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“I spilled my bag of coke on the floor of my car yesterday,” my coworker, Kendall, tells me, laughing softly. “I snorted it out of the carpet.” Her bright pink hair is twisted into a bun under her hat. Her chef’s coat is unbuttoned and the sleeves are rolled up. She’s made herself perfectly at home in her uniform.
“Oh, I know that road,” my other coworker, Al, says. “I used to be a drug lord, pretty much. I used to smoke weed all day, every day.” He’s not much older than either of us, maybe 22. He’s a mild-mannered Italian guy with stout, broad shoulders. If it weren’t for his glasses with lenses thicker than the windshield of a jet, you’d think he was an old-timey wrestler.
I stand in awe, listening to their conversation from across the counter. “Really?” I ask in disbelief. To me, he’s always seemed like the kind of guy who could be a librarian, not a drug lord.
“Yeah, I used to be wild.” He laughs shyly, remembering. “The morning after my senior prom, I woke up on someone else’s lawn.”
He keeps using that phrase. Used to be. The question is burning in my mind. “So you’re not doing that anymore?” I ask before my brain can stop my mouth.
“No.” He pauses. “Not after it made me go into psychosis.”
My expression softens from an investigative one to a concerned one.
“I don’t know what that means, but it doesn’t sound good.”
“It’s when you see and hear things that aren’t there,” he says.
“Like schizophrenia?” I ask.
“Oh, that happens to me too!” Kendall says. “I’ve tried all sorts of meds for it, but nothing works. They only make me feel worse.”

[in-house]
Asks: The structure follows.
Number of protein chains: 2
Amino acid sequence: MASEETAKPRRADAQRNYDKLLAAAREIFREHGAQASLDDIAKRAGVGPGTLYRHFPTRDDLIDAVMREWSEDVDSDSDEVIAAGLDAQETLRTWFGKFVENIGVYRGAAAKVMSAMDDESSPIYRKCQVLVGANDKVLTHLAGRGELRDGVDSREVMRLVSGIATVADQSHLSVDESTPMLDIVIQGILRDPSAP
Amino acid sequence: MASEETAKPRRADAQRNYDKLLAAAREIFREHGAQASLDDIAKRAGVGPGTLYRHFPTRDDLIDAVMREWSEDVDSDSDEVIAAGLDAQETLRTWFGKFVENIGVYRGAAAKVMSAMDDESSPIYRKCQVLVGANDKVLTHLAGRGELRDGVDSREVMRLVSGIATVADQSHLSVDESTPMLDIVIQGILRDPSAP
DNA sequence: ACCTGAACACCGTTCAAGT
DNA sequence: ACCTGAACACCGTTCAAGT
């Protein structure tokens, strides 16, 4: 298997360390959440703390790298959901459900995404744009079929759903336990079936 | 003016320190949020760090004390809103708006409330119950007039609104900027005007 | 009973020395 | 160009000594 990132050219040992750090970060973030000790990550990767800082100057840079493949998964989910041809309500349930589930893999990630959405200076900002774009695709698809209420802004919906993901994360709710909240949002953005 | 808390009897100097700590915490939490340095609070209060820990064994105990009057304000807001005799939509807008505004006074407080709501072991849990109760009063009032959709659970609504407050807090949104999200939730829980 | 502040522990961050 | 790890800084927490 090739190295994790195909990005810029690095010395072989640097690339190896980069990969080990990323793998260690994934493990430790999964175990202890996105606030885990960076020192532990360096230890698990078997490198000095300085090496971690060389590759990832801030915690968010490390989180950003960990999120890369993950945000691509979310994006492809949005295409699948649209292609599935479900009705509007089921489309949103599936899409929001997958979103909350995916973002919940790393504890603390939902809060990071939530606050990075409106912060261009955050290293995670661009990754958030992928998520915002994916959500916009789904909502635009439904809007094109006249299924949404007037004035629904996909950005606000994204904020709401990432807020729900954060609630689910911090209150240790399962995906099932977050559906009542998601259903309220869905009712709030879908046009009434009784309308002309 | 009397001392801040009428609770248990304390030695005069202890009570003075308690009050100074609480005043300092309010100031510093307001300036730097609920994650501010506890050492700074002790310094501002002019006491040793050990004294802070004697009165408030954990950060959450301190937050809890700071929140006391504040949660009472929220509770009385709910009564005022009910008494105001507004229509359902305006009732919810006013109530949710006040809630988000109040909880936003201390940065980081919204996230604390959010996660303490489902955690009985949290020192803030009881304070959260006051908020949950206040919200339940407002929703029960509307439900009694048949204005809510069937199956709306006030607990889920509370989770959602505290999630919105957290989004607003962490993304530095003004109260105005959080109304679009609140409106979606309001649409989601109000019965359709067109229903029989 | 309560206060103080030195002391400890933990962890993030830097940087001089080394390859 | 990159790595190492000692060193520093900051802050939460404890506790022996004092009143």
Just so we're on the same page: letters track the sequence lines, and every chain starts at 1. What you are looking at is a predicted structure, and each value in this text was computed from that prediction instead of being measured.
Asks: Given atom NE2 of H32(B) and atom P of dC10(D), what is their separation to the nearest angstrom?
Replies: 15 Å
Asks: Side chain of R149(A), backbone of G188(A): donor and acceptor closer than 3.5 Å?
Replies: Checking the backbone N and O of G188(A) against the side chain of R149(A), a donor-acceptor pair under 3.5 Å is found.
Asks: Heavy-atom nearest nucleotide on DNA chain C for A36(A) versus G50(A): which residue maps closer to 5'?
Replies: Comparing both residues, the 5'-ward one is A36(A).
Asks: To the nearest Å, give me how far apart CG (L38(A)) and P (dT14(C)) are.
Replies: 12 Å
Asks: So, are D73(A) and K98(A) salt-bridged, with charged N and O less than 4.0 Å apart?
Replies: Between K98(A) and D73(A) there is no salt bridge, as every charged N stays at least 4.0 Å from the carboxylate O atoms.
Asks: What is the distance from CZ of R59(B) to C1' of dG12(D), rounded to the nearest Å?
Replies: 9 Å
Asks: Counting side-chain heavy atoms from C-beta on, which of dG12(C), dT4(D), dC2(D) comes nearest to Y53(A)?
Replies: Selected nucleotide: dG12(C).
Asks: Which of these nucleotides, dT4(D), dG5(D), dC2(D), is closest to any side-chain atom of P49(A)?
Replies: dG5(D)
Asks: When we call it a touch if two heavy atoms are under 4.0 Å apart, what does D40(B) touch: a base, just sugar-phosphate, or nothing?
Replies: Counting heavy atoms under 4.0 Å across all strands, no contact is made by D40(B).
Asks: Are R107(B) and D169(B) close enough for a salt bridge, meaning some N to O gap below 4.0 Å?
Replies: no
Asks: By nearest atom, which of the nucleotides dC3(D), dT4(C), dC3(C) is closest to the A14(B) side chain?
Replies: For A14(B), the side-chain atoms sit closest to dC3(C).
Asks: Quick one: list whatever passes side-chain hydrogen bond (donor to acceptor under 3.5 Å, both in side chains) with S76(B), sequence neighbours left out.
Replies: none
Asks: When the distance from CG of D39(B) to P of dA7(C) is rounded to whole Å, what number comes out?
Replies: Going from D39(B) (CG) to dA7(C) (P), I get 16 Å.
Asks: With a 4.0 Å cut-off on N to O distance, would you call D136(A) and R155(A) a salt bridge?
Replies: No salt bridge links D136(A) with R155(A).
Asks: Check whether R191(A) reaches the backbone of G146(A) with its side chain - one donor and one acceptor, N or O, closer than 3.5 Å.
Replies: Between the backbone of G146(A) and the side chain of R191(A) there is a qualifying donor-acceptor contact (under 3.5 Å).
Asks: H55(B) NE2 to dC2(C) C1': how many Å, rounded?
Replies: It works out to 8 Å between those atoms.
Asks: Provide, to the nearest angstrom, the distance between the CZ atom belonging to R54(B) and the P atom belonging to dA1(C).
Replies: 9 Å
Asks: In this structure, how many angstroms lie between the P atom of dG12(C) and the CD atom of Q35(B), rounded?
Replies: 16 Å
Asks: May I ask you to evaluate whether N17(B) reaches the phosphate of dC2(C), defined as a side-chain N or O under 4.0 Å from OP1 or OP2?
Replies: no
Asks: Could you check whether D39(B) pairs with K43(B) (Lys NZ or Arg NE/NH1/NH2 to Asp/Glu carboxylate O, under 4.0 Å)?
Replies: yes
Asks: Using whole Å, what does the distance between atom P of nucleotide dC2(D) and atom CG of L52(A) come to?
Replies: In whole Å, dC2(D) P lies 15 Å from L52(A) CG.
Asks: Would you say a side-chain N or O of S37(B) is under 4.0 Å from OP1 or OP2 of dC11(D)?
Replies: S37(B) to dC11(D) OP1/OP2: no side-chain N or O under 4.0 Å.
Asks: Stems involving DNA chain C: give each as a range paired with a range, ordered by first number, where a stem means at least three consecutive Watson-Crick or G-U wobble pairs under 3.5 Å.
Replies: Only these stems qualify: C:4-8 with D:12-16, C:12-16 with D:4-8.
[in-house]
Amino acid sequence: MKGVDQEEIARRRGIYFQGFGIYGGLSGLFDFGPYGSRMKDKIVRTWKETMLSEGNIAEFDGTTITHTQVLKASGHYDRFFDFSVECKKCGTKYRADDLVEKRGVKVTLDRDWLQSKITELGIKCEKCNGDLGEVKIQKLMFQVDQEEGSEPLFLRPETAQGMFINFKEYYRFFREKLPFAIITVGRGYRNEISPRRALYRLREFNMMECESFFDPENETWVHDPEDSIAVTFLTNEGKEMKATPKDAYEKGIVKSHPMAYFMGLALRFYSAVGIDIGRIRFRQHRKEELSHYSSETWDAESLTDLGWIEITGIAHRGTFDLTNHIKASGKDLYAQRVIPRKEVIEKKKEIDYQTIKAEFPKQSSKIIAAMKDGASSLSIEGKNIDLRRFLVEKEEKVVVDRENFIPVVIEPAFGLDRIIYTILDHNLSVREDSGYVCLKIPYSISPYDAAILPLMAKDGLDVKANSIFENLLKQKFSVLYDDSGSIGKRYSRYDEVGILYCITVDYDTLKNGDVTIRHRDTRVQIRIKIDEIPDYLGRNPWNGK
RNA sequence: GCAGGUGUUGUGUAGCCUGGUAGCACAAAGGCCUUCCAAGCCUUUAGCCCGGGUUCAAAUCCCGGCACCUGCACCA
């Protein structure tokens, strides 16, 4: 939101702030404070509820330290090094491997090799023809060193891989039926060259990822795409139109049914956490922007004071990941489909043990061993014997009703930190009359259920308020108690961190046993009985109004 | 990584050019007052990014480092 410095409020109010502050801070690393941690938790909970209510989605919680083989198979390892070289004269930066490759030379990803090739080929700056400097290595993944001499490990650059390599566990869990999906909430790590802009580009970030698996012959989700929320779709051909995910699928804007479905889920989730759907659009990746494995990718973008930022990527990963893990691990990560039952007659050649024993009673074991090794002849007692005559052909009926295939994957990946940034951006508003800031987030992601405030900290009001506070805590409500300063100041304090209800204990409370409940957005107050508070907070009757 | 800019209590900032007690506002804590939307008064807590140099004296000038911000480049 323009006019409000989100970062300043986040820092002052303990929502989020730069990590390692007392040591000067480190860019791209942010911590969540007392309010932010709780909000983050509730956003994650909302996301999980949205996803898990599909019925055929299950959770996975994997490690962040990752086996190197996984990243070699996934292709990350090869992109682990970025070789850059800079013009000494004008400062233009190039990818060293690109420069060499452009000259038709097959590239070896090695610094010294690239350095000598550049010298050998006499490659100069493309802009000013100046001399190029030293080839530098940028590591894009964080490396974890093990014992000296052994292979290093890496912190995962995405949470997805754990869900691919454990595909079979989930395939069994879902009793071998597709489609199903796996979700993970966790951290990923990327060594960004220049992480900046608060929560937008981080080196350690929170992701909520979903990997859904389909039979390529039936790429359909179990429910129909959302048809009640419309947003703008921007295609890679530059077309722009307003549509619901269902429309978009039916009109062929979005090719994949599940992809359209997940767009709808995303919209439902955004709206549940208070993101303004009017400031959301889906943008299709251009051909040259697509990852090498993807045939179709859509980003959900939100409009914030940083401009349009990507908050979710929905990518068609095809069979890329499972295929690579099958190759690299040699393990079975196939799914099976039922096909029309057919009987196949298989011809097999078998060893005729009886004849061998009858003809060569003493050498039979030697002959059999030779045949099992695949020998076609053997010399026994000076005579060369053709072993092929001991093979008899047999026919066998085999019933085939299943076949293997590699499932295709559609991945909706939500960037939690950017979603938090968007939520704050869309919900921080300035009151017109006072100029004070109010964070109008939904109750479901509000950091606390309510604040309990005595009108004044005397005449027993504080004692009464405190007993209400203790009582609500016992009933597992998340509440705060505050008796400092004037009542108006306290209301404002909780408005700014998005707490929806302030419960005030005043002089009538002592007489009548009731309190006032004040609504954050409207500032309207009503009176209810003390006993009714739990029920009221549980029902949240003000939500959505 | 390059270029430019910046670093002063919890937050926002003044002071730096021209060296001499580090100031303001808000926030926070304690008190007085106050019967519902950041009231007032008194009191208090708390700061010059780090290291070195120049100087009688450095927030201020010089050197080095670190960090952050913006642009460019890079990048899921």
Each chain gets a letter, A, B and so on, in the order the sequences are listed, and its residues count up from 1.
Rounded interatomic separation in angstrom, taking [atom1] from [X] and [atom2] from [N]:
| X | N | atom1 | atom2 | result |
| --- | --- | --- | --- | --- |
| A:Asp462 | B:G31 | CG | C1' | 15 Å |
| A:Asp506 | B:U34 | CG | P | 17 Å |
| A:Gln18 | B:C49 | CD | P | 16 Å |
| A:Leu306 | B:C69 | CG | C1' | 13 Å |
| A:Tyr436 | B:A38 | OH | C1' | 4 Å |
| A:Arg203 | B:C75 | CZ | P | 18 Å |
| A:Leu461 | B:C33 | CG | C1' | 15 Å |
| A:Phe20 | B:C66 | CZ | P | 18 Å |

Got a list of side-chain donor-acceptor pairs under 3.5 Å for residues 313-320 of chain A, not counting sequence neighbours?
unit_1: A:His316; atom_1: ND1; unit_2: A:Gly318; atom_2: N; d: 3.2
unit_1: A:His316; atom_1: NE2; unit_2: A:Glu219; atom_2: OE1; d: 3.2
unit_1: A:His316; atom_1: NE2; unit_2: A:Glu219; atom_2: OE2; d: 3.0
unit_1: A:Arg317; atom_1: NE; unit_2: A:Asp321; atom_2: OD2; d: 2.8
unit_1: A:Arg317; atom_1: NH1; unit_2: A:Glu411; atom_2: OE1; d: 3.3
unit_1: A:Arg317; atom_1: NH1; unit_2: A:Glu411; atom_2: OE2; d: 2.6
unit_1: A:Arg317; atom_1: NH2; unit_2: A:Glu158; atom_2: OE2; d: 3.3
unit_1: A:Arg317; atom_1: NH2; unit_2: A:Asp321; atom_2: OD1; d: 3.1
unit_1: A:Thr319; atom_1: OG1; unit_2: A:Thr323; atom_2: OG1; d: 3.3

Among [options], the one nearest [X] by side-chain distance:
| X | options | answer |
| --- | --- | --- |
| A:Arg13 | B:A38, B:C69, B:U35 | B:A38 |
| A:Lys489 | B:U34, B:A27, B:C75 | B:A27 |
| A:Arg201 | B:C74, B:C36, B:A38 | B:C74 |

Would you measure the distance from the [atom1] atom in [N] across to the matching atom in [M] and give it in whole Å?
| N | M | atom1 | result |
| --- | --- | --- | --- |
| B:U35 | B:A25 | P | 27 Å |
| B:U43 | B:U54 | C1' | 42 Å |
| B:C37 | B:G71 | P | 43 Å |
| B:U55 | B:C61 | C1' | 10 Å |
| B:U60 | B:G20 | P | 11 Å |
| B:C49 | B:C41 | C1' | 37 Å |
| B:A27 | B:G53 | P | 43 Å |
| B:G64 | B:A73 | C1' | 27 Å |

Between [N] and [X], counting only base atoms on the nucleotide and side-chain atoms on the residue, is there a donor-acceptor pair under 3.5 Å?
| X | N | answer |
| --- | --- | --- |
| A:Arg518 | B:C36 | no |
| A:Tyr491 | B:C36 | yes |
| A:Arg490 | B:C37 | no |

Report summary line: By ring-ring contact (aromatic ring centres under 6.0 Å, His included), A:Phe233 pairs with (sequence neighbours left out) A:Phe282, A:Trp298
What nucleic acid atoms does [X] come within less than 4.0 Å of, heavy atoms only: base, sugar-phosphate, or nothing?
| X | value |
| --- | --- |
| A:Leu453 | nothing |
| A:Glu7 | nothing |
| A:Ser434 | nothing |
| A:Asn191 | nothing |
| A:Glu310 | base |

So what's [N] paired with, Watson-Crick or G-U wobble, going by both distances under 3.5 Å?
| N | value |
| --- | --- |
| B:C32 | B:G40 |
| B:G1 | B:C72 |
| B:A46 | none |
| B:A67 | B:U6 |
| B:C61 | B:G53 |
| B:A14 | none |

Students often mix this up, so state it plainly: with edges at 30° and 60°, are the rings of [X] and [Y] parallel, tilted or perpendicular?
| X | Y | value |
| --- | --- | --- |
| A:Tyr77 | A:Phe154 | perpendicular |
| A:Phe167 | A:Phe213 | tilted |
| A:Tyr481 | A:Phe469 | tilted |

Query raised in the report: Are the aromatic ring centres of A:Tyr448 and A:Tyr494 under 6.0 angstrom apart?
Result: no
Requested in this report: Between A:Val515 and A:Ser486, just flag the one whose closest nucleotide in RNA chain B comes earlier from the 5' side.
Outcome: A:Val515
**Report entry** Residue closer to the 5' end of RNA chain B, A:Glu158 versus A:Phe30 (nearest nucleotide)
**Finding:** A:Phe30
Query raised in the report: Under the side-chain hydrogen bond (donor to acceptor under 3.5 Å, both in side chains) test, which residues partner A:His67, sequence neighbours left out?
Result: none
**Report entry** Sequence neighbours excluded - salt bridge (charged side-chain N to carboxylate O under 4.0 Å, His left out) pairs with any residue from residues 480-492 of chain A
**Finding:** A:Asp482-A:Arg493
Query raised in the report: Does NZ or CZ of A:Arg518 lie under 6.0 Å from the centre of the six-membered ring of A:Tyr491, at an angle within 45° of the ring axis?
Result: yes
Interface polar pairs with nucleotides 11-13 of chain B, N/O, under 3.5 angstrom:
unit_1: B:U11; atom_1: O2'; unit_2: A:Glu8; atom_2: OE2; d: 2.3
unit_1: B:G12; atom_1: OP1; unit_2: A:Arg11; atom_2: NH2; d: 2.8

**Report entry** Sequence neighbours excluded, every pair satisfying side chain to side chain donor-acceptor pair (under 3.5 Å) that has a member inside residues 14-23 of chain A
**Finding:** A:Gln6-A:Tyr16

I scoff. “Cocaine isn’t much better for you, Kendall.”
She shrugs. She says, in the bubbly and straightforward way she does everything, “It makes me forget all the bad stuff.”
She goes on to talk about the other drugs she’s done, and what other medications she’s tried. She talks about how often she sees her psychiatrist (once a week when it gets bad), and tells me how to avoid getting caught by the cops.
Al talks about how he used to buy an ounce of weed for a hundred bucks and sell it to his friends. He talks about how he never tried to jip anyone and gave people what they paid for. He talks about how it was never really about profit.
He admits that he thinks all his friends only liked him because of his status as a dealer.
“As much as I miss it, the thought of being high while in psychosis is too terrifying,” he says.
A week later, I watch him freeze in horror while I’m talking to him. He explains that he’s seeing things that aren’t really there and that he’s hearing me saying things that I’m not really saying.
My stomach drops. “I trust you,” I tell him.
His face is blank, but his knuckles are turning white as he clutches the countertop. “Thanks,” he says. “I’m working on trusting me too.”